Strengthening the Foundations of Art History. The Discipline’s Changing Assumptions and the Relevance of Neuroscience: Case Studies from the Twentieth Century
Each of the new assumptions adopted by successive generations of art historians, whether Positivist, Marxist, Structuralist, Post-Structuralist, Freudian, Feminist or Post-Colonialist, has illuminated some previously under-appreciated aspect of the production and consumption of art. Often those assumptions have included an explicit acknowledgement of the relevance of the principles governing the operation of the brain, as in the case of Winckelmann, Taine, Wölfflin, Warburg, Gombrich and Baxandall. Sometimes acknowledgement of such principles has only been implicit, as in earlier Positivist analyses of ‘influence’ or the more recent identification of recurrent patterns of mental behaviour by Freudians, Structuralists and Post-Structuralists. However, now that the structure of the brain and the principles governing its operation have been revealed with a new clarity by the latest technologies, all those earlier assumptions are in need of reassessment.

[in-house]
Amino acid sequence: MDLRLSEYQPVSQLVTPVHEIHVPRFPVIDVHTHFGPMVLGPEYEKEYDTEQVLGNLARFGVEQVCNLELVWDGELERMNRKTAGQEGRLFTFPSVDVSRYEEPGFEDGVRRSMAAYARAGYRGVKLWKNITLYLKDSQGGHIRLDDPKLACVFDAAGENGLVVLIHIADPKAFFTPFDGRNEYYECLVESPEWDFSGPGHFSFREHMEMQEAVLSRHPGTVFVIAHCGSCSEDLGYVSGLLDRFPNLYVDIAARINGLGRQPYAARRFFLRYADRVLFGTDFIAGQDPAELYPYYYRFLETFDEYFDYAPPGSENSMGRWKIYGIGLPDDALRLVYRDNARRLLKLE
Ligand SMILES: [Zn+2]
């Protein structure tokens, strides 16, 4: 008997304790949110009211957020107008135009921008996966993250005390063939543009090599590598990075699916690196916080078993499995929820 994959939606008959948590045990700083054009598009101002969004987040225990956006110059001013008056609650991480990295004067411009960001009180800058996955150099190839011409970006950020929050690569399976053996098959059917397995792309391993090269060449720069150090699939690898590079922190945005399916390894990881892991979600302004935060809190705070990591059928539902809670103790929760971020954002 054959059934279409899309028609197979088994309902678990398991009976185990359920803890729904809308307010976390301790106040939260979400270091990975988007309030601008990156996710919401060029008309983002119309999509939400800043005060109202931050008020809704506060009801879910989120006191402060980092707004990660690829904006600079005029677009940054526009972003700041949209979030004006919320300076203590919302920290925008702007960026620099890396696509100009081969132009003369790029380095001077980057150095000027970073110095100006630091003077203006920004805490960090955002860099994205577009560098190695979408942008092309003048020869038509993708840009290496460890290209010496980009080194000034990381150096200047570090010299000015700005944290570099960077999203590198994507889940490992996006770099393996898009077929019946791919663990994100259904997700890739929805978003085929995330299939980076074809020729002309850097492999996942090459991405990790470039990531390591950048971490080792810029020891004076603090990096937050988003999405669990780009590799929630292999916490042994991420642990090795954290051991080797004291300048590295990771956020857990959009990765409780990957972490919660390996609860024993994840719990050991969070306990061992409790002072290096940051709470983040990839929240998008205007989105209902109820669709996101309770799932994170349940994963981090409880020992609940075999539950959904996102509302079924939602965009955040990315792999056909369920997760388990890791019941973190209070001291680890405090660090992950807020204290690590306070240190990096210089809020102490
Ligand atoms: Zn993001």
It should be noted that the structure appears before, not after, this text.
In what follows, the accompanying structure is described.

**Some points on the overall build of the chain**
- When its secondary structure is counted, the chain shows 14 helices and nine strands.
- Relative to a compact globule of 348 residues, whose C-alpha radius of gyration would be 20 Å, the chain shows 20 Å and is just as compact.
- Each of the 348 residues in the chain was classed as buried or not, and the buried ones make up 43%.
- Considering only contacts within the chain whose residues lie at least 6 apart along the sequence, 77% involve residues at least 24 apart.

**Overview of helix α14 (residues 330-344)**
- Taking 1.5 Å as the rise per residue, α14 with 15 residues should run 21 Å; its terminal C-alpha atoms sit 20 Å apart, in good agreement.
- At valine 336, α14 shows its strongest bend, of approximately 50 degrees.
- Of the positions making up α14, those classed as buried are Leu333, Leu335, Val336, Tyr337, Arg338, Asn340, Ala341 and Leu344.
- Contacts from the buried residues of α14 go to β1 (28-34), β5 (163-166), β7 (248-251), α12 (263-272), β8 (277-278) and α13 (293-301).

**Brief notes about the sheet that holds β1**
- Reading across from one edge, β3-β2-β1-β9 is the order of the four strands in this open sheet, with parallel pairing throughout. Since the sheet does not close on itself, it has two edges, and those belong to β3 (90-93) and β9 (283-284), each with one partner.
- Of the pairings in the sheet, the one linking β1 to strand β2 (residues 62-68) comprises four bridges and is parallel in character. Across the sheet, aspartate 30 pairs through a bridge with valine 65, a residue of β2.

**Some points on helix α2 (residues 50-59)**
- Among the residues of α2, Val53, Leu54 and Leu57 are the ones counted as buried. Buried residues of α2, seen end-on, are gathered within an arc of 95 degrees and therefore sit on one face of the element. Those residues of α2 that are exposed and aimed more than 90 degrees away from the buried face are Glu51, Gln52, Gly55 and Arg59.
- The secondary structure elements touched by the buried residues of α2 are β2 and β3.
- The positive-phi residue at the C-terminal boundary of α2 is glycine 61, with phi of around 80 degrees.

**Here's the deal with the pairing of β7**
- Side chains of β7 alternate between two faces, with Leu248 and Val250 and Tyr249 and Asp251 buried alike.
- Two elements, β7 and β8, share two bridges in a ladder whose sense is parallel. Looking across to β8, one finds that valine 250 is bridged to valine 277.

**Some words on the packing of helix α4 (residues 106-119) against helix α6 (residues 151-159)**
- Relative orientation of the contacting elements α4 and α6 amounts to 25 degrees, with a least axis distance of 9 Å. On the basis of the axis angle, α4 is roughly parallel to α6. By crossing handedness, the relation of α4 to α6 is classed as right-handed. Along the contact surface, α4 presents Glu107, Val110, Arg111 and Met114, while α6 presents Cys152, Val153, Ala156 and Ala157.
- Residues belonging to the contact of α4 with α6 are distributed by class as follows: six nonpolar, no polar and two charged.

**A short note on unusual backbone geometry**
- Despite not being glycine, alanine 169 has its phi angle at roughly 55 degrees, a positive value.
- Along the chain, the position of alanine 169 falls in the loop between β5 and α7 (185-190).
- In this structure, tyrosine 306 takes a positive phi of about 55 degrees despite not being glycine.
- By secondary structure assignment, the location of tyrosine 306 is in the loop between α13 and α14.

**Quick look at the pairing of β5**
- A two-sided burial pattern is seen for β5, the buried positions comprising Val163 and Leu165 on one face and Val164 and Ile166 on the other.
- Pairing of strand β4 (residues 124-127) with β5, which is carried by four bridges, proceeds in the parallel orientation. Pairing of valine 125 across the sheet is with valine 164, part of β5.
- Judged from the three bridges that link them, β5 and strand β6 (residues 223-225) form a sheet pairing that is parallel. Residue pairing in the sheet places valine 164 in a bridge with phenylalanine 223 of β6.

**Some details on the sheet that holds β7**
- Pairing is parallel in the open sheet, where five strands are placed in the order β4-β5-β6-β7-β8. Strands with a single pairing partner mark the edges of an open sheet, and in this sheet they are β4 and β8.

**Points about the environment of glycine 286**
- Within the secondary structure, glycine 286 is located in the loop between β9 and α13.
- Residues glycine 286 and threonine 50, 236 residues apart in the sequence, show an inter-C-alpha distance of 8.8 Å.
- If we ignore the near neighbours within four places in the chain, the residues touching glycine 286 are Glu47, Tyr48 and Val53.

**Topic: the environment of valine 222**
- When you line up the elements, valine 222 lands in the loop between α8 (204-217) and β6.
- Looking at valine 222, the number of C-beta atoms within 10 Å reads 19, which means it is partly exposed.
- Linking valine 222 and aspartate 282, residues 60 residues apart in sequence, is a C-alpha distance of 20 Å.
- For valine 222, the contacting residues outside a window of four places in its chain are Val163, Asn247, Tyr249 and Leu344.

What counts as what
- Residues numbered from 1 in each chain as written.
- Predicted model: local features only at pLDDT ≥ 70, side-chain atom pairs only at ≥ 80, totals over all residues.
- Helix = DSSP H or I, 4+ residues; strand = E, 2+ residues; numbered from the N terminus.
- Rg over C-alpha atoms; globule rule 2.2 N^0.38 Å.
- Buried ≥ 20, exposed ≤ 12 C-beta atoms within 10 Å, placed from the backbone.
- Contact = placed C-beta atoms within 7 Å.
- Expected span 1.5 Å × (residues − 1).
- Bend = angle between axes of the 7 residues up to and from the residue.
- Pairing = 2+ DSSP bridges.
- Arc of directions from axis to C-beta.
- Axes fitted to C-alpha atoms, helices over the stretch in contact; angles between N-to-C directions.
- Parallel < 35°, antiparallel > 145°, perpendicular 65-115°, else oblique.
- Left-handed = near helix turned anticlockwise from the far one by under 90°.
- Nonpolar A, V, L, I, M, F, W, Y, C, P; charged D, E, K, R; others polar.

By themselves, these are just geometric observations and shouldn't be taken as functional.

This lecture explores the relevance of the new neuroscientific knowledge to an understanding of the whole history of art, beginning with its origins and culminating in a consideration of the work of some major twentieth century artists, the Europeans, Kazimir Malevich, Le Corbusier, Gerard Caris and Francis Bacon, and the Americans, Robert Rauchenberg and Jasper Johns.
Presented by the HAA Graduate Student Lecture Series